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Posts Tagged ‘circle needle’

I recently finish a lace curtain set I made for my bathroom.  I used Curio from Knitpicks for my yarn.  It is truly a luxury crochet weight (lace)with a softness and sheen that is very lovely.  Below is a picture of the finished project.

lace curtain finished

When I had finished the main panel, I decide to get”cute” and trim the bottom edge  with rose colored beads to add a little contrast.

lace curtain bottom edge of center panel

When it came to the valance, I decided to try replacing the Nubbs/Bobbles with the rose colored beads.

lace curtain, beads for nubbs 3

*I know that there are some who will want to quibble over the terms bobbles and Nubbs, but for me, any time a pattern calls for me  to knit up more than 3sts in one knit, and gather it together in the purl row, I think of it as a bobble.  Maybe that is because I think of a bobble as something that “hangs,” and a nubb, as something that just makes a bump.  Anyway, it is the end results that counts.

It has been fun working with this great yarn, and adding the beads was just an extra bonus.

I have charted this pattern for you, along with instructions on how to replace the Nubbs/Bobbles with beads.  I am sure you will come up with more ideas once you get started.

Please take time to practice and swatch each section.  The cast on will be determined by your window.  I advise adding at least 4 inches in width for ease.

Lace Curtain Pattern

The lace curtain pattern includes instructions and charts for lower panel and valance.

* Note- you do not have to print off the last page of the pdf pattern.  As you will note, it has cross stitch info that is not for knitting-it’s just part of my charting program.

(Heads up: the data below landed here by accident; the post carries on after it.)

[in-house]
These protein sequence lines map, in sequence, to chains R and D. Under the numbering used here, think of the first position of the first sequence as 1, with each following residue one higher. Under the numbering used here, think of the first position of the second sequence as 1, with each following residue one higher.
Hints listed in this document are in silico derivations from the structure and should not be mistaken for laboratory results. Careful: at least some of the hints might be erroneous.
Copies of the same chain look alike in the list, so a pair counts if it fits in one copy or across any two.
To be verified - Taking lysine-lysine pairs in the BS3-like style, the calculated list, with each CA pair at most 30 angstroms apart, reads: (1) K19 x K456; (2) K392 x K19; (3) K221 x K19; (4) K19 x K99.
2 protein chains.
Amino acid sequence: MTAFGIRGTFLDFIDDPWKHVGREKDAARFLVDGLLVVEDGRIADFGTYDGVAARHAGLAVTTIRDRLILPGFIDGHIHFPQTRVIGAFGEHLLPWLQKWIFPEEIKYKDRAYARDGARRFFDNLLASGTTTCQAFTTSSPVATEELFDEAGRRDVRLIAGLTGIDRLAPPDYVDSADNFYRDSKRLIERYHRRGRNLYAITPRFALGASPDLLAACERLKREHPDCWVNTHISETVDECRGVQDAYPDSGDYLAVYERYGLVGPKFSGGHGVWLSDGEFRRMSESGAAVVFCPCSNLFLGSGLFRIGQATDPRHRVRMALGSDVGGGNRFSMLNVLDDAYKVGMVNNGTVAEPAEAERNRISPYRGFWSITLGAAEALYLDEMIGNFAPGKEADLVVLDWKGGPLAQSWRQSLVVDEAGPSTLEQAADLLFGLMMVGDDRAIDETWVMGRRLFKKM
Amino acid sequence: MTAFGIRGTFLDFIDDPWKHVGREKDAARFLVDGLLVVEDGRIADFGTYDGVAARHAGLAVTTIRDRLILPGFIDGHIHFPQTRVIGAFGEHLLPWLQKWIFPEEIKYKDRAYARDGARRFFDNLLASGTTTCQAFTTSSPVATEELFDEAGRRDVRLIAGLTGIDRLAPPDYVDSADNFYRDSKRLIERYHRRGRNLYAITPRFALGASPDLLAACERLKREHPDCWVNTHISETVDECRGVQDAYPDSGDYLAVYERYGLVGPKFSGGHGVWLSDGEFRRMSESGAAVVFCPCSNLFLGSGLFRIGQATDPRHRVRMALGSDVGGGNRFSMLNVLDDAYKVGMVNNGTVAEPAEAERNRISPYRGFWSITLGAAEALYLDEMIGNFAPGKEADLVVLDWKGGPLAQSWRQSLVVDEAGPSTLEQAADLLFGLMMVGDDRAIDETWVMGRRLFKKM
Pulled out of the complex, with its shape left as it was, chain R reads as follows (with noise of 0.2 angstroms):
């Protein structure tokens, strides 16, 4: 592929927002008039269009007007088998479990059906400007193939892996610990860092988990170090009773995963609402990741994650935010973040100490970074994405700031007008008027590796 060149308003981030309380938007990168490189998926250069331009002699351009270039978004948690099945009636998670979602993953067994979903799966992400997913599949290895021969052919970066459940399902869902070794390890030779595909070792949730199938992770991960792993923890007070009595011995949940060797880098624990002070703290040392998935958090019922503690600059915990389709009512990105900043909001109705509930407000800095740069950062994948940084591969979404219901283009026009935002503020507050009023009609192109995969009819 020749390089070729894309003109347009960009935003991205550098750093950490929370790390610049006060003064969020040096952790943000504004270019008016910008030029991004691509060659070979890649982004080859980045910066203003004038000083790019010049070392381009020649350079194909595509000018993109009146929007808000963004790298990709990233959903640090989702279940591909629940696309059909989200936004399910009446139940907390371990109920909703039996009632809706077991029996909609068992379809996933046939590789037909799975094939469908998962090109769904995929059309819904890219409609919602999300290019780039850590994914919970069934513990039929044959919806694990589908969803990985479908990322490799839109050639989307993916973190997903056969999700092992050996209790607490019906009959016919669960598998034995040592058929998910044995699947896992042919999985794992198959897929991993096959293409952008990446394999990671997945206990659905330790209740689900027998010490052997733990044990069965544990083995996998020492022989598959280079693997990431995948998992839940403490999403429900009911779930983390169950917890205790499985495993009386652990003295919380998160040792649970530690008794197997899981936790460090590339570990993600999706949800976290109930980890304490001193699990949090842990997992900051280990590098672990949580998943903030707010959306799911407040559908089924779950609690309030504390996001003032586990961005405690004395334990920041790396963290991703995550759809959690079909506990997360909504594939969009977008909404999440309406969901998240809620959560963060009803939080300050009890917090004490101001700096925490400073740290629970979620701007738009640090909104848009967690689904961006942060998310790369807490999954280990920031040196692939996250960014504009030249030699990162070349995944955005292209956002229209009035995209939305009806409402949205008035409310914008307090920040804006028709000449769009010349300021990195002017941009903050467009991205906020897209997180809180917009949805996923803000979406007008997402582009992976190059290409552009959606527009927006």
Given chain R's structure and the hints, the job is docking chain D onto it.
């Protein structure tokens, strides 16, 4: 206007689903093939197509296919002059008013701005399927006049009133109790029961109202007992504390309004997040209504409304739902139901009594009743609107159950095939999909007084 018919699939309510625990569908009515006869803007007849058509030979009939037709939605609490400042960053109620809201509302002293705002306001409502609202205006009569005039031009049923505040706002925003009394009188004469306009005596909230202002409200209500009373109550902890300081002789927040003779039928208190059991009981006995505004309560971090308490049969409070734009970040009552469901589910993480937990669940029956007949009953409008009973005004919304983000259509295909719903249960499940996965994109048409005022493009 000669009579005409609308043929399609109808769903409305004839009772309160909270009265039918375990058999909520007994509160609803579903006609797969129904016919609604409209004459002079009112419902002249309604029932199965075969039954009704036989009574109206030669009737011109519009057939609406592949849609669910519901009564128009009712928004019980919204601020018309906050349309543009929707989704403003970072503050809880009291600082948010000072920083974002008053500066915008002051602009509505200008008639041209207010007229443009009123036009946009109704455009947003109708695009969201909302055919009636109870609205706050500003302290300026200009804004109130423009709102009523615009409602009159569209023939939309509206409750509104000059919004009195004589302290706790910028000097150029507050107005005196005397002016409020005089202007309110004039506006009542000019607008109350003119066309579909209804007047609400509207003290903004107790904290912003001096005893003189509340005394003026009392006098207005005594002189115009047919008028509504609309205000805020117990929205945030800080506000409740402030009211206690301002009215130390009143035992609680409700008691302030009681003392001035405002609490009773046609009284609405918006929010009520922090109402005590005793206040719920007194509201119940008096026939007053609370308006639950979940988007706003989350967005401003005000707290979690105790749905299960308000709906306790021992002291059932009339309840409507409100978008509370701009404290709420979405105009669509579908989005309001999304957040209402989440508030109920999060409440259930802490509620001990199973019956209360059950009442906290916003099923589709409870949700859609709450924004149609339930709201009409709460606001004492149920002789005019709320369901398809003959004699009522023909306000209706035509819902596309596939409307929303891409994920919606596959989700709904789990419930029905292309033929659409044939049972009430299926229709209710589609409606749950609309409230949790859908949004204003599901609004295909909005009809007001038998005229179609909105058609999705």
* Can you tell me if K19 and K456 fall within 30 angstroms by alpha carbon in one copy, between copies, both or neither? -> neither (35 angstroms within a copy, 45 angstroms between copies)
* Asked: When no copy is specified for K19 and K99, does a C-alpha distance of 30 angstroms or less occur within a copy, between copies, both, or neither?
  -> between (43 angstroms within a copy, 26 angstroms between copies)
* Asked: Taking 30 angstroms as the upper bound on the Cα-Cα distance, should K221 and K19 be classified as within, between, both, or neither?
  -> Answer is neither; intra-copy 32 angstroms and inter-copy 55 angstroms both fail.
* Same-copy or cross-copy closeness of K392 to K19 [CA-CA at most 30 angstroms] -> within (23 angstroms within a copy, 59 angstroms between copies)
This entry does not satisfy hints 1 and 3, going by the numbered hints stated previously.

By the way, my window opening was 24 by 36, which is the area I wanted to cover.

 

Happy knitting- KT

PS – If you are a Ravelry member, you can get the free pattern there.  Just type in “Lace Curtain Set” by Judith Helms

 

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nordic rose knee high finish 1

When I finished these “Nordic Rose” knee highs, I found that they were a bit loose for me.  At first, I just washed them in the washer and put them into the dryer to shrink them a mite.  That helped a little but they were still a tad to big around the ankle.
To compensate, I pulled them up higher, which left me with a ribbed band that was a bit long.   The fix-fold it over, encasing  1/8 th inch elastic bands to secure them around the top of the calf.

nordic rose knee high finish 2

Because I had striped the ribbing, I was able to use a crochet hook to slip stitch the opposing purl bumps  that formed the black strips together (top of photo) to form a casing for the joined  elastic band.  The next step was to slip another elastic ring over the sock in into the area just under the first casing.  Using the crochet hook again, I slip stitched the top edge of the stocking to the base of the ribbing.

The real lesson here is that because the stockings are a bit looser, and they have the elastic rings in the top to pull them in, they stay up all day.

The next time I make this design, I will plan my casings in the ribbed( using #2″s)  area, use the #3 needle for the calf area before the decreases, then return to the #2 to finish the stocking.  That extra stitch per inch in the calf area, allows the knitting to move with you, without seeking a path of least resistance to the ankle- just like water flowing down hill.  The secret is to make them long enough to have the elastic ride above the largest calf portion, so that it pulls in just below the knee.